And unlike other film festival fetes, this one draws a seriously starry crowd, from the winners to presenters and their favorite costars and friends. Aside from the A-listers, the guests seated at a vast array of bejeweled, opulent tables -- thanks to the deep pockets and chic taste of the event's sponsor, Cartier -- seemed to consist mainly of Palm Springs socialites of a certain age who were thrilled to have an excuse to get their fur coats out of storage and into the Palm Springs Convention Center.
It's also a total lovefest.
Prolific film festival fixture Jason Reitman gushed, "Palm Springs is one of the places that recognized me as a filmmaker very early. They started showing my short films when I was about 20 years old. I'll never forget that feeling of walking into a movie theater here in Palm Springs and being like, 'Huh, I'm a director.'" For the new guard -- first-timers as well as foreigners -- for whom the Globes represent the official warm-up to the big night that is the Oscars, there's an almost comical lack of pretense to the event, which can prove downright baffling.
The scene backstage proved to be equally entertaining: New mom Rosamund Pike (also a Breakthrough Performance Award winner for her work as a scorned woman-turned-sociopath in Gone Girl) ripped open a gift of baby booties from Hart, while her beleaguered publicist was already having a hard time balancing Pike's bag, Blackberry, an award that was both larger and heavier than a dumbbell plus a Tank watch encased in Cartier's signature red box.
Pike herself had earlier admitted: "I have no idea how to behave." Despite the accolades, her future in film remains uncertain -- as does her certainty she's any good at it. "After [Gone Girl] wraps, I'm going to find a different career."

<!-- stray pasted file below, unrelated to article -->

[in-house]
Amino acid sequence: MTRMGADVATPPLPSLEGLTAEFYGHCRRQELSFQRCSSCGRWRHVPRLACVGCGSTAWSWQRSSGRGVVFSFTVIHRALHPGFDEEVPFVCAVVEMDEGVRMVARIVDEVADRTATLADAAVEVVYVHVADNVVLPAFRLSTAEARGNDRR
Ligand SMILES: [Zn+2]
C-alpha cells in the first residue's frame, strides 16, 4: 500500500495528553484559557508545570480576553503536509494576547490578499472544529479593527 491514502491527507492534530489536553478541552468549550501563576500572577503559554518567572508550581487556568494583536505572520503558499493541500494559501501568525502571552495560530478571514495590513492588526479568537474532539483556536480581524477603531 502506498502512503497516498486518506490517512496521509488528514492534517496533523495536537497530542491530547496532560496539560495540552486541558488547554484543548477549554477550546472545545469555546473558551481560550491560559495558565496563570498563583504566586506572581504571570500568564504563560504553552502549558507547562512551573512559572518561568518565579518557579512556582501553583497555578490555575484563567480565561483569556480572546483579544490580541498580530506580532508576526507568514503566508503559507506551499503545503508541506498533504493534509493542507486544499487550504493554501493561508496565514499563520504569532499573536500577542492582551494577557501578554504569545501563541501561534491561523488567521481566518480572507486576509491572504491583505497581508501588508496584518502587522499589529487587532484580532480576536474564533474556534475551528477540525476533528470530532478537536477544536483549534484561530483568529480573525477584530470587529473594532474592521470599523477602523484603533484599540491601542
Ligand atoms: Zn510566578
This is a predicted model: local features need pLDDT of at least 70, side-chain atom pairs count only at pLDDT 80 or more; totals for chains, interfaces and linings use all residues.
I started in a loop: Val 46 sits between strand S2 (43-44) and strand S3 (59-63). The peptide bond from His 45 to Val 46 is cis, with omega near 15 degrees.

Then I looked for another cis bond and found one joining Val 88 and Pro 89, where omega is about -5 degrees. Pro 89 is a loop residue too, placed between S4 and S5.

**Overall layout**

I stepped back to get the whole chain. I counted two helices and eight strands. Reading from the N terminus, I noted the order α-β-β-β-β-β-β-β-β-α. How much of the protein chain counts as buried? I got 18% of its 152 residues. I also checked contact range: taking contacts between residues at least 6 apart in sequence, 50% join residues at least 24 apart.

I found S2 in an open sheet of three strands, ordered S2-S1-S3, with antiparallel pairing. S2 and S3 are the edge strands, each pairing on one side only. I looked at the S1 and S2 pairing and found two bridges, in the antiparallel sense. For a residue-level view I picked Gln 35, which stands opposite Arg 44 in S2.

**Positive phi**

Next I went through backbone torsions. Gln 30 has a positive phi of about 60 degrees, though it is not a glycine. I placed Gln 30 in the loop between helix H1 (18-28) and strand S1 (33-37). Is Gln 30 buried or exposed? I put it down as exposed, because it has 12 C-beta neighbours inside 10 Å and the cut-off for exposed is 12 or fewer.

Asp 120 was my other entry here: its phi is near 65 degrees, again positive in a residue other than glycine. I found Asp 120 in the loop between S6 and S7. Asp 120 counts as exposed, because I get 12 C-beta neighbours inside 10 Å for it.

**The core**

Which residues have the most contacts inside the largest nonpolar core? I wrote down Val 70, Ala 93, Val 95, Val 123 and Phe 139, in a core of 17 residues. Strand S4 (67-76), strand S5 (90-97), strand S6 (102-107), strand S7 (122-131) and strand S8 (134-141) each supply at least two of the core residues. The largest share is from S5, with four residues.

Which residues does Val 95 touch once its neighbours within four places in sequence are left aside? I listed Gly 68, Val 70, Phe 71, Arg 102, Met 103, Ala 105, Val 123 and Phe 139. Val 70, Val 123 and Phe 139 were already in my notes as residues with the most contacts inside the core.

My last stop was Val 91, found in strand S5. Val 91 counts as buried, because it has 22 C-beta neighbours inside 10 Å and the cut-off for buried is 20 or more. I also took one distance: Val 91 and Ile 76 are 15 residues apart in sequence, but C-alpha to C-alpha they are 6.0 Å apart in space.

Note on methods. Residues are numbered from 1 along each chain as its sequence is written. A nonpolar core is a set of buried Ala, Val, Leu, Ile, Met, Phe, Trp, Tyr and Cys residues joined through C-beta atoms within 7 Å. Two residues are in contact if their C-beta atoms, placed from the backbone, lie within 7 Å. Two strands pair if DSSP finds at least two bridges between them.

Evidently those shiny tokens of appreciation were only offered to winners -- not their celebrity presenters. "Cartier shouldn't ask for this watch back," Robert Downey Jr. joked of his borrowed bling. He was on hand to introduce his co-star in The Judge, "that iron-jawed icon of American manhood," Robert Duvall. "He's a lunatic and I love him for it," Downey added, paraphrasing James Caan.
"I'm glad I could be a part of this industry because it's a great way to make a living," said Duvall. He later recalled everything from his first Western to, apropos of nothing, his night table reading -- soccer stud Leo Messi's autobiography, in case you were wondering. That pretty much set the tone for the rest of the evening.
When Steve Carrell later took the stage, he said, "I have been blessed with many fake wives and girlfriends over the years. And while I don't want to alienate any of them, there is no one more wonderful than Julianne Moore. Everyone loves Julianne Moore. Just to look at her is to love her." Meanwhile, Moore was indeed looking lovely backstage while touching up her lip gloss without the aid of a mirror -- a little learned trick of the trade.